UDOO Arduino CLI
It's for anybody who is looking for a headless command line compiler and flasher for your UDOO board to build and upload your Arduino sketches directly and internally from inside a UDOO Linux shell.
We are using great UDOO boards to build our products. But when we had to update and flash our sketches to the Arduino Due it was a boring task to start Arduino IDE on second computer, connect via USB, remove Jumper JN18, compile and flash etc. This was even time-consuming when trying to roll-out to a number of devices.
In case of a less resource consuming OS we are running the Linux OS on UDOO board without Xserver. So normal Arduino IDE on board was no option.
Let's assume that you want to run one of the famous blink examples on your Arduino Due.
Now you can compile and flash with this easy command:
udoo-arduino-build --flash-sam Blink.ino
All is done local on your UDOO, you do not need X or Java or ... :-)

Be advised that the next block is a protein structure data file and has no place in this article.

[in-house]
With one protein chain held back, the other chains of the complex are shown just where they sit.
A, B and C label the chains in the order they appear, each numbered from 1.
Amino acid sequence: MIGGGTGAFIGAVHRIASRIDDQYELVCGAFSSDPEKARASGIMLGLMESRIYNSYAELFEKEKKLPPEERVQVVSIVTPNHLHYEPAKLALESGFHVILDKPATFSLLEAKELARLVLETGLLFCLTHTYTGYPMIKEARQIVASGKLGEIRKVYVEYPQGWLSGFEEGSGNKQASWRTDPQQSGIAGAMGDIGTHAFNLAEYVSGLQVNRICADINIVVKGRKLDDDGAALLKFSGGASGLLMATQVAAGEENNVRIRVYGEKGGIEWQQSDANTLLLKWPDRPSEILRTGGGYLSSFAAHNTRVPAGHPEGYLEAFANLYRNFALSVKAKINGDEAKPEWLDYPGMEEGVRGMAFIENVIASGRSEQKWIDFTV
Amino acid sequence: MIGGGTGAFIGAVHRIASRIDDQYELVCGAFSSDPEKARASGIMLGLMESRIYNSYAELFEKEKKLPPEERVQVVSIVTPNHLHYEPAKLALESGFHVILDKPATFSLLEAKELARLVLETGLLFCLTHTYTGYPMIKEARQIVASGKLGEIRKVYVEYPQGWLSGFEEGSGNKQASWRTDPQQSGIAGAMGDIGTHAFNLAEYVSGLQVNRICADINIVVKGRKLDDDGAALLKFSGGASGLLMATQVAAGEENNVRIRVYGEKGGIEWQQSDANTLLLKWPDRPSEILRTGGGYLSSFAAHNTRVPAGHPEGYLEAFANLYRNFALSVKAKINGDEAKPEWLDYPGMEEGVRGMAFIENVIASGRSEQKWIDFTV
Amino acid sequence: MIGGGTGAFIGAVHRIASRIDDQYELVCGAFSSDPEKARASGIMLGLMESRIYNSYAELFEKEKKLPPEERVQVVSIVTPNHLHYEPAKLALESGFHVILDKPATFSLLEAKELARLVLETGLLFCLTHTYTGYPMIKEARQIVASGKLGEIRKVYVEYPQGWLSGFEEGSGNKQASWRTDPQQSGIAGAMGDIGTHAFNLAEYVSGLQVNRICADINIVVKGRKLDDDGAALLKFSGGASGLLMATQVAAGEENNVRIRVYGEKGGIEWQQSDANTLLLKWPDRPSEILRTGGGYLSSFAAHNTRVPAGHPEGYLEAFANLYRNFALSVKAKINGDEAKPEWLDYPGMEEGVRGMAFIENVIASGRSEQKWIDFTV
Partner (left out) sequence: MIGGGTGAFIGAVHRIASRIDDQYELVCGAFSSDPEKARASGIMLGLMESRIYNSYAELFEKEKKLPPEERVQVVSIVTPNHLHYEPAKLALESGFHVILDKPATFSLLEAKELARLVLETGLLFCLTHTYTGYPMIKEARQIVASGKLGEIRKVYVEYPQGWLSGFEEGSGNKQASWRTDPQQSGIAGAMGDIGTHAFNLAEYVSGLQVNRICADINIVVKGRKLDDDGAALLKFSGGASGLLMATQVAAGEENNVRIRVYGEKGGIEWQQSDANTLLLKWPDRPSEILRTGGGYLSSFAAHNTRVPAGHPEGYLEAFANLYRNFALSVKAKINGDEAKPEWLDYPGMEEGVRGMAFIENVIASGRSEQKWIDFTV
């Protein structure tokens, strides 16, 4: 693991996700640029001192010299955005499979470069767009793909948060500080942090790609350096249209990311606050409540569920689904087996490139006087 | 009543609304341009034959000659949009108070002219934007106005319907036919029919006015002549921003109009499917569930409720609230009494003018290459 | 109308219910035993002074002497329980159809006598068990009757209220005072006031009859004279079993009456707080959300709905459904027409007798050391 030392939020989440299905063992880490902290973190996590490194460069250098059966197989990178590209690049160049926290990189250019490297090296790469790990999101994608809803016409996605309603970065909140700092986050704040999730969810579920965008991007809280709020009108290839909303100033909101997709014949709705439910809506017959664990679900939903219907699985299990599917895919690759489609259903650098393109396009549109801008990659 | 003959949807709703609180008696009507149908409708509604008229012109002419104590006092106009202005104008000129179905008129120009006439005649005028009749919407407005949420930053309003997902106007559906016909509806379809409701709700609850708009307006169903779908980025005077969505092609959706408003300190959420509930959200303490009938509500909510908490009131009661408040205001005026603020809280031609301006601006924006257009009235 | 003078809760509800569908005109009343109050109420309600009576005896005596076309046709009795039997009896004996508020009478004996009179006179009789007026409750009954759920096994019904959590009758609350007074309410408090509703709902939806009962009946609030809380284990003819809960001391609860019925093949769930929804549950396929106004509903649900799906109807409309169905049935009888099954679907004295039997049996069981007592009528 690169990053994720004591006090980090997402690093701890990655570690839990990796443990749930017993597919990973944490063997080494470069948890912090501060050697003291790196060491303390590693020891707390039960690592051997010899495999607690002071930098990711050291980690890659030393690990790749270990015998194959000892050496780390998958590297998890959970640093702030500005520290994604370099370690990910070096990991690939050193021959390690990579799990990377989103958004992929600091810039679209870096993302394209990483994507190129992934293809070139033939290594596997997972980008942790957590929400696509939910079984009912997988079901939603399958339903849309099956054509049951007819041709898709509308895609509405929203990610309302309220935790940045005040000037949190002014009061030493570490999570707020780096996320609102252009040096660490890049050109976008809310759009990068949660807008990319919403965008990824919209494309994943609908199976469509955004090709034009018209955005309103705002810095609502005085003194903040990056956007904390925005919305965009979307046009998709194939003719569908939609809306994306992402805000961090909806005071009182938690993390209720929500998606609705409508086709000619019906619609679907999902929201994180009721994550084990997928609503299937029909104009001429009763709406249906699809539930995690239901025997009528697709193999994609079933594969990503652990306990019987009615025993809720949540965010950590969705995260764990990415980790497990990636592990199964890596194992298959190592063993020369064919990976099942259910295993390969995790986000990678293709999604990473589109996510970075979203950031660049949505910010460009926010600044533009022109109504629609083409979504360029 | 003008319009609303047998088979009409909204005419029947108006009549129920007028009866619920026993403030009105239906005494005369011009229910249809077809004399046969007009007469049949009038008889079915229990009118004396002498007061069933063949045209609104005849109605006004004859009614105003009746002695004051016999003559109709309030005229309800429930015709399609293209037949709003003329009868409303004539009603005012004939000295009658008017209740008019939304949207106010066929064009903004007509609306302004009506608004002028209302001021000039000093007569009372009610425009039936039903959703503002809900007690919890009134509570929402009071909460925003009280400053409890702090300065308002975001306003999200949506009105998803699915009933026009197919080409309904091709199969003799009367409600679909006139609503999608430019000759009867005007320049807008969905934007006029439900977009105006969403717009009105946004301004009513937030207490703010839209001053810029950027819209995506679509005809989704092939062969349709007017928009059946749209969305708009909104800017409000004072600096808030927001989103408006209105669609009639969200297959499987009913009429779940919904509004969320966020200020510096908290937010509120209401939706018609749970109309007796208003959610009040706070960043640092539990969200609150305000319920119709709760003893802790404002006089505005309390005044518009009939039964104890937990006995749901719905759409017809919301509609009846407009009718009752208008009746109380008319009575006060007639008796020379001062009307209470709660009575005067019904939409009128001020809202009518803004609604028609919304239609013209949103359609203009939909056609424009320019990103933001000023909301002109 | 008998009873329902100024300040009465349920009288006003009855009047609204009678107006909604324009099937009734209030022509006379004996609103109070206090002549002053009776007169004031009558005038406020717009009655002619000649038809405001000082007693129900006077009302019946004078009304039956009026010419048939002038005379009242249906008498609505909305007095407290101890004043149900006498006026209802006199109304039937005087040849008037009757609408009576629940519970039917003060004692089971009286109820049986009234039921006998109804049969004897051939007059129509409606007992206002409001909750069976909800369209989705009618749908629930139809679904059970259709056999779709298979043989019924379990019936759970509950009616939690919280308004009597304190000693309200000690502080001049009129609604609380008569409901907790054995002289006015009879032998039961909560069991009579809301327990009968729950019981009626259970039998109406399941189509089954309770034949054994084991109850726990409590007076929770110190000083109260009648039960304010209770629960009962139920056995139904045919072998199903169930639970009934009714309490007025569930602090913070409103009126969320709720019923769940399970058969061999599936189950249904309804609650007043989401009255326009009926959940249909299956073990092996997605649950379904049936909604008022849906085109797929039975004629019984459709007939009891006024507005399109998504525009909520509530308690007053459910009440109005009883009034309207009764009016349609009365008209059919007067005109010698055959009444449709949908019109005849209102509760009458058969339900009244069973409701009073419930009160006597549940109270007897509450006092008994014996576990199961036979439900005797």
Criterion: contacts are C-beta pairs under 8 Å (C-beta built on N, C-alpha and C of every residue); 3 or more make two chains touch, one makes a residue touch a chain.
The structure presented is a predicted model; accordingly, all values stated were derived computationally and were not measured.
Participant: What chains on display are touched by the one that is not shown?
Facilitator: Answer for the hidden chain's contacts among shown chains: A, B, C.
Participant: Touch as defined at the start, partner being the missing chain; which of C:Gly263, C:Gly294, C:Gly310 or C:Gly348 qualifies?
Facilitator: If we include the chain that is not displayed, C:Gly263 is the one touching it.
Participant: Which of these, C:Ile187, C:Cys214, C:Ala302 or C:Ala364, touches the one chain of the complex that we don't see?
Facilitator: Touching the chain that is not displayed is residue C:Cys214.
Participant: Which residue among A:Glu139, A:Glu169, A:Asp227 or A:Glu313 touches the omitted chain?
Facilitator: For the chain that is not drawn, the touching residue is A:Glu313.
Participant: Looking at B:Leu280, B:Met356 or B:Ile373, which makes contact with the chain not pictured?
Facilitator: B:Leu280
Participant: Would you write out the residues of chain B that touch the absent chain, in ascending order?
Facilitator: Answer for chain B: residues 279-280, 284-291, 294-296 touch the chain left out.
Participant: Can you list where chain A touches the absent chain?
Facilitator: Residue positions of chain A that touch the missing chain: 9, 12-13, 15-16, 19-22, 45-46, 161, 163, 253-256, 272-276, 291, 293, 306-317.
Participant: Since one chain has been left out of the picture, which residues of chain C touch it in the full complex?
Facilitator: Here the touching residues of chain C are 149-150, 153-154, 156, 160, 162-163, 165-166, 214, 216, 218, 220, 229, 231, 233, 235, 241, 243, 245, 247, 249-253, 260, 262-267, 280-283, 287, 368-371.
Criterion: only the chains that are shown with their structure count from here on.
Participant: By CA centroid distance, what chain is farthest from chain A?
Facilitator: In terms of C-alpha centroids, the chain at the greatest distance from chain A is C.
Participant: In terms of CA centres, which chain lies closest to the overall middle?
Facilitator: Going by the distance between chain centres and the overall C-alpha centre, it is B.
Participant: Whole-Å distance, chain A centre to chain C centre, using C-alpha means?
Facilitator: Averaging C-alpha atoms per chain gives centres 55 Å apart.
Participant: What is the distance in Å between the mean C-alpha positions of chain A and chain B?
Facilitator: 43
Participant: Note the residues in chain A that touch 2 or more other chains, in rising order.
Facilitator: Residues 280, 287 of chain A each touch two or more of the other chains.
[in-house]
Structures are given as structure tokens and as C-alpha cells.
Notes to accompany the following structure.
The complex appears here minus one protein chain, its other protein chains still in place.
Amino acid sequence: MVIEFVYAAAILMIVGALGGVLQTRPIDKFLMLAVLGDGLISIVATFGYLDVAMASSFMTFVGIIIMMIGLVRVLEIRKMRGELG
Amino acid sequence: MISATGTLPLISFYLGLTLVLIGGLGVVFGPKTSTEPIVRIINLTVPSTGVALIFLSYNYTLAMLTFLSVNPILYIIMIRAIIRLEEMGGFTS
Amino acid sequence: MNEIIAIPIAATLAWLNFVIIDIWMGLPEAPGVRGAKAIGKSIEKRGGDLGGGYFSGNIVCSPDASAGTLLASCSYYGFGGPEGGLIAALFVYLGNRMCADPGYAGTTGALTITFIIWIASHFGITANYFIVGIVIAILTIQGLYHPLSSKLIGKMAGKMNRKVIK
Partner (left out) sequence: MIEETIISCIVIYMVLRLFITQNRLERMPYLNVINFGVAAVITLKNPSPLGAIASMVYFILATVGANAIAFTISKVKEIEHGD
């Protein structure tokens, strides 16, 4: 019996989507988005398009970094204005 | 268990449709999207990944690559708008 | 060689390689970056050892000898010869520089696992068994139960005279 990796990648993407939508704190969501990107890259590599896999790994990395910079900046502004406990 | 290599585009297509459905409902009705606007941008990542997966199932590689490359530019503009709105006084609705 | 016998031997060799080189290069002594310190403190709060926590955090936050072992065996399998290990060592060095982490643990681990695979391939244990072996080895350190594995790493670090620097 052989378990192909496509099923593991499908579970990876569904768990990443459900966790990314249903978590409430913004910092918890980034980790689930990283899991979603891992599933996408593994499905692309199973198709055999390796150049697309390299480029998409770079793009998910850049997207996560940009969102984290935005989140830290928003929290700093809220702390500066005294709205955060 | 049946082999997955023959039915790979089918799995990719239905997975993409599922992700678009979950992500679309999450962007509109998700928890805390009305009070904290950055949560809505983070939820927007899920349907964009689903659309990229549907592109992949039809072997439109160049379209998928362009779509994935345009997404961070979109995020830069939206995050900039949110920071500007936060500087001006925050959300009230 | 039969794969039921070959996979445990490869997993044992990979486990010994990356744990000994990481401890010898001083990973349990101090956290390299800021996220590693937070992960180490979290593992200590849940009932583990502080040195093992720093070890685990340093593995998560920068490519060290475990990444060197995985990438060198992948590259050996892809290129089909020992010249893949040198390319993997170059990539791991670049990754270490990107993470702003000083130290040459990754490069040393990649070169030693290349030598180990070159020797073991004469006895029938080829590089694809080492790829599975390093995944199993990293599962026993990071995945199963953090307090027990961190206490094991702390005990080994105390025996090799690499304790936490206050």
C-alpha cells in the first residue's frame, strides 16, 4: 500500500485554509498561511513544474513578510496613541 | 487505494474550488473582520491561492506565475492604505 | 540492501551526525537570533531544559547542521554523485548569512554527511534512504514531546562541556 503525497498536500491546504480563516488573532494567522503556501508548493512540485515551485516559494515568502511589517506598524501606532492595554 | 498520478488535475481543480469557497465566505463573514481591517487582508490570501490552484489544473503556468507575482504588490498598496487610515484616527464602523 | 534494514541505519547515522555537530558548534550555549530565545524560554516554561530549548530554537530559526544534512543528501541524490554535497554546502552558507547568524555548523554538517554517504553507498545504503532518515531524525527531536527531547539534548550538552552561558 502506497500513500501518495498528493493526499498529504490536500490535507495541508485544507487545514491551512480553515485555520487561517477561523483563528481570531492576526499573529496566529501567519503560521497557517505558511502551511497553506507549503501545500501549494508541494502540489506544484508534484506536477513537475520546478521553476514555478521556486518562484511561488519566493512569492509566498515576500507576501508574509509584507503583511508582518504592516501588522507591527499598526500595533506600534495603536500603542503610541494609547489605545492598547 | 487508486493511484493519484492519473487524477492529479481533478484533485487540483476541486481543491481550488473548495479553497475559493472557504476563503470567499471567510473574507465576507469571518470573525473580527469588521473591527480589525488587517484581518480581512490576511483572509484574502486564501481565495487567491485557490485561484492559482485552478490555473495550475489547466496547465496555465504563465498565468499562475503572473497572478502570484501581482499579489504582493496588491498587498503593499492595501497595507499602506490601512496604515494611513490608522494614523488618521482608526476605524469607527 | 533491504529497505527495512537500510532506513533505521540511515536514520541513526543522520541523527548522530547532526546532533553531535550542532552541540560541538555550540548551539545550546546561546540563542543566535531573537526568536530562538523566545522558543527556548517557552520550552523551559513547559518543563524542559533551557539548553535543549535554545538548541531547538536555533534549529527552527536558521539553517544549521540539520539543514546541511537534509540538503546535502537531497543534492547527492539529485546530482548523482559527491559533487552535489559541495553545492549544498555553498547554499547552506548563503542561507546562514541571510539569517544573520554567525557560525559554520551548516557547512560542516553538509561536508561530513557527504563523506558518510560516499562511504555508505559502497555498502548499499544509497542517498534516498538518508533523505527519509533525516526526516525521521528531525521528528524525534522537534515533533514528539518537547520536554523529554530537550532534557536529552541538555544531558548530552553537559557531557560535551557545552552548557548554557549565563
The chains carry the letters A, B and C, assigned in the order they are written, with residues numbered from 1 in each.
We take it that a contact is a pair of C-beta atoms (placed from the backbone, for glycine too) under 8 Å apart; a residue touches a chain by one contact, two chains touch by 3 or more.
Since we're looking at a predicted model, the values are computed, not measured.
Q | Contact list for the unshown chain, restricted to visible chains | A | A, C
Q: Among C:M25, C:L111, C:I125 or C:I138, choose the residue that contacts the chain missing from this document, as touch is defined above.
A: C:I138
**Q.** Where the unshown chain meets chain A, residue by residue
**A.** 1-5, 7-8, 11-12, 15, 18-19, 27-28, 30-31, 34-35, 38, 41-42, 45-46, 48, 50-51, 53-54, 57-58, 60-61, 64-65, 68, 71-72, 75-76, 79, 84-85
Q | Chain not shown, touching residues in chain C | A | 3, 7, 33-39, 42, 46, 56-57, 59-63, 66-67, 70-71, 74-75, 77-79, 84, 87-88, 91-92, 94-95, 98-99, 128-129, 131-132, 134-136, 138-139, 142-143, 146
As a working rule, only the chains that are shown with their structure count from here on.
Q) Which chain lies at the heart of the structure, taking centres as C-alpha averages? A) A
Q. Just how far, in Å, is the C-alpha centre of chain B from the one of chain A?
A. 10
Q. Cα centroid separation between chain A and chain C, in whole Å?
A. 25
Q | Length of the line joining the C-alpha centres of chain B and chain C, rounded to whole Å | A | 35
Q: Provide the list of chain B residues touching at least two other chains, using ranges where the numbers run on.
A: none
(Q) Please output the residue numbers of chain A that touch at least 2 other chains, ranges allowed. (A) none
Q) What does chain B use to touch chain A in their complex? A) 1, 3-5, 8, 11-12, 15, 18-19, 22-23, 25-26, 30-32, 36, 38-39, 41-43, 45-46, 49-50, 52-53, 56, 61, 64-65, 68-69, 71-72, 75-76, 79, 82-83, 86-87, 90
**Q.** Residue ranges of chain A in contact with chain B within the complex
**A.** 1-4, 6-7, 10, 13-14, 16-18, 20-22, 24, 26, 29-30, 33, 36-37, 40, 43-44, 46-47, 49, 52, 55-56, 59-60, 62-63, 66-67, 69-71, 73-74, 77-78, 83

If you want to do it like above, just install the latest deb packages to your UDOO.
check and download latest releases, e.g.:
cd /tmp wget https://github.com/TomFreudenberg/udoo-arduino-cli/releases/download/v1.6.1-pre1/udoo-arduino-cli-1.6.1-pre1_all.deb sudo dpkg -i udoo-arduino-cli-1.6.1-pre1_all.deb
Getting started (the quick way)
Complete magic is handled by the script
udoo-arduino-build which is also linked to
/usr/local/bin so that you can enter this command system-wide.
e.g. compile and flash
MySketch.ino and add the standard
Servo library to your build process:
udoo-arduino-build --flash-sam -L Servo.cpp MySketch.ino
e.g. flash previously created
udoo-arduino-build --flash-sam MySketch.bin
The flash procedure is handled by included
bossacutility and via the internal processors serial communication device (normally
Make your sketch (extended usage)
There are some really useful cmdline options available for
udoo-arduino-build [-I <path>] [-L <library.cpp>] [-o <path> [--fast]] [--copy] [--flash-sam] sketch.ino [<sources.cpp>]"
Show help and command usage info.
Append additional folders to INCLUDES path for compiling your sketch.ino. Path may be relative or absolute. If you divided your source into several pieces, you may include custom library folders like